Lets it be thought that the example is too absurd to merit juxtaposition with the outcome of schooling, consider psychological experiments in light of the contexts from which their procedures have been derived and the domains in which they are routinely applied.    Some version of virtually every experimental task reported in this monograph can be found in Alfred Binet's early work on the development of behavior samples which would predict children's success in school. The inspiration for their content came from an examination of the school curriculum, combined with Binet's sage guesses about the fundamental principles that underlie success in mastering that curriculum. The correlation between successful performance on Binet's tasks and success in school was a tautology; the items were picked because they discriminated between children at various levels of academic achievement. Might we not be witnessing the converse of that process when we observe people with educational experience excelling in academic tasks whose form and content are like those they have learned to master in school? Is there any difference in principle between their excellent in recalling pictures and the master carpenter's ability to drive nails quickly? After all, practice makes perfect; if we test people on problems for which they have lots of practice, why should we be surprised when they demonstrated their competence? Conversely, what leads us to conclude they will be equivalently good at solving problems for which they have no specific practice (Cole, Sharp, & Lave, 1976,  227).

 The logic of this sort of comparative work appeared to demand that we find tasks that schooled and unschooled children from the same town encounter with equal frequency, and then demonstrate that children who go to school solve the problem in more sophisticated ways tied to specifically their schooling. Failure to find tasks of equal familiarity, in effect, meant that we were treating psychological tasks as neutral with respect to their contexts of use, when this was patently false.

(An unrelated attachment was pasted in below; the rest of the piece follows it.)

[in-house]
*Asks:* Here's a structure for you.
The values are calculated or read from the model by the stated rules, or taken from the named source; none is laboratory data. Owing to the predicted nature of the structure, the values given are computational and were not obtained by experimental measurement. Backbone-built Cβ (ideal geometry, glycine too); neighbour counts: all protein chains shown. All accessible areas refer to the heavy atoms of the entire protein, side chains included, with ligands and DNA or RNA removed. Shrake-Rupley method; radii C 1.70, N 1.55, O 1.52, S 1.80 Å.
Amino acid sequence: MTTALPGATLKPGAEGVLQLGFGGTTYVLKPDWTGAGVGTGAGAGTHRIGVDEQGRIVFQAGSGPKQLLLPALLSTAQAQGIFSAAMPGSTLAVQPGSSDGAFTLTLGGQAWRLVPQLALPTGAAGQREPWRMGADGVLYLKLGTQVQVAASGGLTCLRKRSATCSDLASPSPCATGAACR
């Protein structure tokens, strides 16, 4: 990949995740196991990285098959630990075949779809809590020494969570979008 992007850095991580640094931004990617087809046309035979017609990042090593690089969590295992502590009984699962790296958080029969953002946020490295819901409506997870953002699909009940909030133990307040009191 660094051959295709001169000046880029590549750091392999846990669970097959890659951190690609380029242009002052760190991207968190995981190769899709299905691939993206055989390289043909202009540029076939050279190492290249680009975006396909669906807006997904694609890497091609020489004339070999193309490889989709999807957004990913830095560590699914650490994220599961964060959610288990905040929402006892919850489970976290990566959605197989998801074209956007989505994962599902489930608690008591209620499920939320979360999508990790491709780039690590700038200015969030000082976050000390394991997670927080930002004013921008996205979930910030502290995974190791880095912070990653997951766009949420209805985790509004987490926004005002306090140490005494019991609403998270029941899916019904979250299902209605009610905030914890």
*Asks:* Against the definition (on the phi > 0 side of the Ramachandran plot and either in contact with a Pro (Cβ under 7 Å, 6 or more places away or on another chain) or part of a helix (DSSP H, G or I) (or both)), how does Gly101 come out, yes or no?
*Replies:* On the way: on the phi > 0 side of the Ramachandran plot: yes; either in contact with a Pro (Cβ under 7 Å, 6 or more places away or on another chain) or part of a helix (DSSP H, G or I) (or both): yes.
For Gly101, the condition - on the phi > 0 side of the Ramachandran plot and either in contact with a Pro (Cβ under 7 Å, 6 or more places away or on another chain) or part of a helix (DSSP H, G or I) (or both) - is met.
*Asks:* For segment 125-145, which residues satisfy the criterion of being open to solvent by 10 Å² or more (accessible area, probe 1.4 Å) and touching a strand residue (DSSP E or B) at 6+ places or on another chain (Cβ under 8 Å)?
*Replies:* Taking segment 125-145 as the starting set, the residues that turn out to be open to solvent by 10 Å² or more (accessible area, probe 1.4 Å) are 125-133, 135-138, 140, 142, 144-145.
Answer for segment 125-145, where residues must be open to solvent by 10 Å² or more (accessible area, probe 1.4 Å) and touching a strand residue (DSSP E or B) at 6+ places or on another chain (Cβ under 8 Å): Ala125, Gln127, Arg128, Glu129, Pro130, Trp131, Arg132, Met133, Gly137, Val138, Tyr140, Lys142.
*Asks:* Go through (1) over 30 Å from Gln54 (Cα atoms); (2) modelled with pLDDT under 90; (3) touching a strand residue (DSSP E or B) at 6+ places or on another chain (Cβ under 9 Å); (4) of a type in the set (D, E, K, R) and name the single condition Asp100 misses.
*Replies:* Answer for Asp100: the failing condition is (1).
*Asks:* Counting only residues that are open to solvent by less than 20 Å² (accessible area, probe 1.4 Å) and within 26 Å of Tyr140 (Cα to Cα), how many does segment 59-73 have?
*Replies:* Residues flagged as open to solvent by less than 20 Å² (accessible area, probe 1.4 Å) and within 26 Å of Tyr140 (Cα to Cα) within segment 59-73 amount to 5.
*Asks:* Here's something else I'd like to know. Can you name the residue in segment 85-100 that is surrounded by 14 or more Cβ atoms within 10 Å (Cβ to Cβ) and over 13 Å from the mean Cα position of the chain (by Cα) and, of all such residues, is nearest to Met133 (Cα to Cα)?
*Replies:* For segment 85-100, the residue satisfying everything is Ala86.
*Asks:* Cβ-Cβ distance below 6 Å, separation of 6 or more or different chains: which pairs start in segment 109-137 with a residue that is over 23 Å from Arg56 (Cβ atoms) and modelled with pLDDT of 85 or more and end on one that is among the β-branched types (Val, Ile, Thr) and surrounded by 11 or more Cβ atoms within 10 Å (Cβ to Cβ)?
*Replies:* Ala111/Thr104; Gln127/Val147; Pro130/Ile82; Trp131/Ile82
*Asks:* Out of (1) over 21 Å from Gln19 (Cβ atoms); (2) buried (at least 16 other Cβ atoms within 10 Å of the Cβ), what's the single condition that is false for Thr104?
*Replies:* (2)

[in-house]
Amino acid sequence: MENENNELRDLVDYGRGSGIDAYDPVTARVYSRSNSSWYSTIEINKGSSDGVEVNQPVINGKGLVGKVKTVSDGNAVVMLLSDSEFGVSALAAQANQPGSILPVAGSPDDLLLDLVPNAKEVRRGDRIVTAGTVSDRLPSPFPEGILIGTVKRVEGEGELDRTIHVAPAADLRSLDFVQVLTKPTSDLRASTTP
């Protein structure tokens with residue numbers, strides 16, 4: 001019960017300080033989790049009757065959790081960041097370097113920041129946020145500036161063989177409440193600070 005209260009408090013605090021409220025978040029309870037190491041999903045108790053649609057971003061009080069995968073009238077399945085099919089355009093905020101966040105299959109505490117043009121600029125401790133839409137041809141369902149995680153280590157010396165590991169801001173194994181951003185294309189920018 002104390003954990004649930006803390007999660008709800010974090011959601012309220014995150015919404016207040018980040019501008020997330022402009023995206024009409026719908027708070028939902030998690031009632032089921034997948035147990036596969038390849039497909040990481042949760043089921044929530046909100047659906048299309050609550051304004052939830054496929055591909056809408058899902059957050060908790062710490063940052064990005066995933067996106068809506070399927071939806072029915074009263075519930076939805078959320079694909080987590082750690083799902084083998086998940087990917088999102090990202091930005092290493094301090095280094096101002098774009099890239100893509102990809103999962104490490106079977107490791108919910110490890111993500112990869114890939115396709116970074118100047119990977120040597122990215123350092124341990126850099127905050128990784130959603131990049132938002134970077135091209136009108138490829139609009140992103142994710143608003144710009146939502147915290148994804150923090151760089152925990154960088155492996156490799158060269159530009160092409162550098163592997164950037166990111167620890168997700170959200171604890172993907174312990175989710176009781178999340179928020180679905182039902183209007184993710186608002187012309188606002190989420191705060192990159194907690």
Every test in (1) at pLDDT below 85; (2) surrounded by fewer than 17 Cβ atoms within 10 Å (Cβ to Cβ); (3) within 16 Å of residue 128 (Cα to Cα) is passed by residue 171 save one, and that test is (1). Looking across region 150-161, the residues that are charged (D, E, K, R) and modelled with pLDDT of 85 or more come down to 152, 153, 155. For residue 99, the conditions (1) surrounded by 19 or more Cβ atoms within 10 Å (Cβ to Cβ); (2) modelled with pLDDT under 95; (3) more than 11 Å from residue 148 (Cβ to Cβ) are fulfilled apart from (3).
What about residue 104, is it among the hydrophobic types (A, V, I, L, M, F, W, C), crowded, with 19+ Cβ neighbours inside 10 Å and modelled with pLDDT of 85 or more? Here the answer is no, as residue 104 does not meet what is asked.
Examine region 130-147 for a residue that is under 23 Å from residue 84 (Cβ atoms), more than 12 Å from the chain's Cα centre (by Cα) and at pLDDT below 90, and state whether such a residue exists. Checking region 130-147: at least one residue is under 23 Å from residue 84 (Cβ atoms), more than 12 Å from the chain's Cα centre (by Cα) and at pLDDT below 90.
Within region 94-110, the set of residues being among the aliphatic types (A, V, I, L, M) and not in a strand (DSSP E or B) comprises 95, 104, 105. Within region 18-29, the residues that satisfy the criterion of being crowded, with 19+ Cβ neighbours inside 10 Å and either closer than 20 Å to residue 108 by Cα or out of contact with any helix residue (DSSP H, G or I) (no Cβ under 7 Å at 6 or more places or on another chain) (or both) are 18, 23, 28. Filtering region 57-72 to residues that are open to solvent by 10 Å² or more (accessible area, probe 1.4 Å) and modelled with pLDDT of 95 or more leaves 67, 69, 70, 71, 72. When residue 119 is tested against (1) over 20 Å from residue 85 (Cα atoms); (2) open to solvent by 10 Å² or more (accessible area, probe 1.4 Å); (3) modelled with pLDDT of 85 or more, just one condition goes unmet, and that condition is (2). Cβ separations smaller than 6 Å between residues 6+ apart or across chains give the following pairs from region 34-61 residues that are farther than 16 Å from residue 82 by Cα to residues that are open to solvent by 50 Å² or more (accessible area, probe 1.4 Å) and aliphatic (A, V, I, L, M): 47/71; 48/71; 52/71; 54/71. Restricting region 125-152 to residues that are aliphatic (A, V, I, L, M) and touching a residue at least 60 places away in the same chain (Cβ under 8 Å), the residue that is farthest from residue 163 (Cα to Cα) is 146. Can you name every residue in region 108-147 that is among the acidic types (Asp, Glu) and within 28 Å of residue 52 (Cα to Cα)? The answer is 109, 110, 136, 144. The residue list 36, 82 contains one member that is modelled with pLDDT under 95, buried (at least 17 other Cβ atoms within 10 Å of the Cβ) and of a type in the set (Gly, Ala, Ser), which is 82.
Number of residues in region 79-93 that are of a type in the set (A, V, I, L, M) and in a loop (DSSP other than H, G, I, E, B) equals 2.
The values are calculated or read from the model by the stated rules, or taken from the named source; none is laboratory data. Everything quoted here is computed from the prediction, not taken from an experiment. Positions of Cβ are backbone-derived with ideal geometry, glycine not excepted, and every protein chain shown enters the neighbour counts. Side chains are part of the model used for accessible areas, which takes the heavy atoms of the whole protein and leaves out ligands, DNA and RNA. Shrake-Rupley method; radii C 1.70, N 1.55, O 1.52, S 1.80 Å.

At the same time, the finding of school/non-school differences, if treated as specific forms of skill acquisition did not mean that schooling exerts no significant impact on children. First, as many have noted, schools are places where children’s activity is mediated through print which not only adds a new mode of representation to the child’s repertoire, but introduces a whole new mode of discourse and new ideologies (Olson 1994). At a minimum, it seems certain that practice in representing language using writing symbols improves children and adults’ ability to analyze the sound structure and grammar of their language (Morais and Kolinsky 2001). Nor does such meta-linguistic awareness require schooling. Vai farmers from north-western Liberia showed similar increased language analysing abilities even though they had acquired literacy apart from schooling (Scribner and Cole 1981). But these effects, while not trivial, do not indicate that education produces any general cognitive influence on children that can be considered superior to the kind of enculturation that has existed in all societies throughout human history.